For utility companies around the world, one of the assets that it is the most valuable – and most vulnerable – is none other than the utility pole. No matter what the utility pole is meant to provide the community, it’s easy to recognize the need for each and every pole to be properly identified and marked. This is especially true in precarious situations, such as natural disasters, in which utility companies must be able to swiftly and accurately attend to the very pole that might be damaged.
To do this, these companies attach specialized asset tags called utility pole tags, which are heavy-duty markers, like Camcode’s Metalphoto® Bar Code Pole Tag. These are designed to withstand exposure to harsh outdoor elements. The tools allow the rightful owner of the pole to streamline its inspections, keep track of the asset using GIS mapping services, and even identify the presiding company in times of legal disputes.
That being said, it takes more than utility companies investing in asset tags to keep its poles safe, identifiable, and trackable. In fact, developing sophisticated pole ID and numbering systems requires a working knowledge of utility poles, particularly their materials, anatomies, placements, and functions. Below are 10 expert resources that serve to explain the importance and logistics associated with utility pole identification, maintenance, and more:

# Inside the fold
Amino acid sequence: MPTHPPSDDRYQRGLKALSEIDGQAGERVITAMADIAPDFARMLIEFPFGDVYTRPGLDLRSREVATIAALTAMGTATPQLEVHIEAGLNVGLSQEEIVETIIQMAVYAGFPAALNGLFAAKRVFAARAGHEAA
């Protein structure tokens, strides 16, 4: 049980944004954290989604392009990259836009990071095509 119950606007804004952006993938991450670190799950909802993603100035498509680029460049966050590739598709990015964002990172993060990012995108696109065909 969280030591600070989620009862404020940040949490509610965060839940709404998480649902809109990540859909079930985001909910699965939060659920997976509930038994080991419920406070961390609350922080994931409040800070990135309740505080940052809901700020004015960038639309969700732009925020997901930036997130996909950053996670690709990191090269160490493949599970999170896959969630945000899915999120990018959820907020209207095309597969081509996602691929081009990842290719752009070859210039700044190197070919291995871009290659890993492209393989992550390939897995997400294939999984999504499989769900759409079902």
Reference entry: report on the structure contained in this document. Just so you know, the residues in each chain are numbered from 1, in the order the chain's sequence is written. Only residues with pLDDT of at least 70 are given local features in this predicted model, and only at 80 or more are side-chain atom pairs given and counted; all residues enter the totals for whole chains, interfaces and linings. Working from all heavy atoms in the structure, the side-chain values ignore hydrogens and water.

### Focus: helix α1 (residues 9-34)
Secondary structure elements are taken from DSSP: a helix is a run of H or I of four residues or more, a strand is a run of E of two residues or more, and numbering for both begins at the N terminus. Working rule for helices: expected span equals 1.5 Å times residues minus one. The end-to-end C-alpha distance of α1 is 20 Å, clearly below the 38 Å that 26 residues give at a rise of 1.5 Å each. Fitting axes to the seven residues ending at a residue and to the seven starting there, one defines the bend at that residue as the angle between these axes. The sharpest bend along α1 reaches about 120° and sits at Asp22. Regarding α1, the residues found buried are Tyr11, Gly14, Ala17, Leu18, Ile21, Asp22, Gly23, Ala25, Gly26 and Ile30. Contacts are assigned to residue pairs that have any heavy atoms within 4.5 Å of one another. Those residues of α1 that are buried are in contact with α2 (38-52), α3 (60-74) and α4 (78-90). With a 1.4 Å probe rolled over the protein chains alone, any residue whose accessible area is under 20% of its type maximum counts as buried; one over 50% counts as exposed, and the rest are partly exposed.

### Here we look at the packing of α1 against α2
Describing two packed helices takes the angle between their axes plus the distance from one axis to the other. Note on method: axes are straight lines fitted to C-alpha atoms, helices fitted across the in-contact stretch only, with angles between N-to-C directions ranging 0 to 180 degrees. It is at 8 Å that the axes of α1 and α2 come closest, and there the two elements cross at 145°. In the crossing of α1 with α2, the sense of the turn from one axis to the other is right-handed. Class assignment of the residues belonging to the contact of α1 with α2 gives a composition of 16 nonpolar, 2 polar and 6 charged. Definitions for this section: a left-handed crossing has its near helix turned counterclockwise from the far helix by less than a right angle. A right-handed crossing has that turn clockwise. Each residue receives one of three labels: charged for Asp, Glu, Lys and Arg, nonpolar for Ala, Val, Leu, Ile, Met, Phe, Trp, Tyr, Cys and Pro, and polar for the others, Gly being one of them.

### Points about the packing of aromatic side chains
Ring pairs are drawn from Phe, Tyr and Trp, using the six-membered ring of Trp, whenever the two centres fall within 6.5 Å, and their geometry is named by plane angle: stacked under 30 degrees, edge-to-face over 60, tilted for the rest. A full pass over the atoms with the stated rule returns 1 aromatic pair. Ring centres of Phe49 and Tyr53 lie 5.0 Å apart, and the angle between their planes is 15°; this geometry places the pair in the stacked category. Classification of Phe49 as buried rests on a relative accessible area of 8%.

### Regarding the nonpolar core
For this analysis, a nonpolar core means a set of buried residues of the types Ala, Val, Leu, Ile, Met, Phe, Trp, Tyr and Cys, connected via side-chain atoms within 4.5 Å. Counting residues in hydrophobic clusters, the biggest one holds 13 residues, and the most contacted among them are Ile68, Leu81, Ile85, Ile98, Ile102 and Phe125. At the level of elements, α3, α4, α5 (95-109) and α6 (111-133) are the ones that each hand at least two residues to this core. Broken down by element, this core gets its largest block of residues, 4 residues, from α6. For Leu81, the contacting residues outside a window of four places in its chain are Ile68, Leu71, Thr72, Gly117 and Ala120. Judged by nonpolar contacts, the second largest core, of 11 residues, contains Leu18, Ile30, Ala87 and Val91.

- Standard Specifications for Wood Poles, U.S. Department of Agriculture’s Forest Service
- ANSI 0.5 1-2017 – Wood Poles – Specifications and Dimensions
- Best Practices in Utility Asset Management: Maximizing the Value Lifetime of Your Assets, Camcode
- What is a Utility Pole Identification System?, Camcode
- Look Up! Anatomy of a Utility Pole, PSE&G
- Wood Utility Pole Life Cycle, The Environmental Literacy Council
- PG&E Automates Pole Inventory System, T&D World
- An Approach for Utility Pole Identification in Real Conditions, SpringerLink
- Using Deep Learning to Identify Utility Poles, Sensors
- Tag:power=pole, OpenStreetMap
To get more in-depth information on the 10 helpful resources, read on.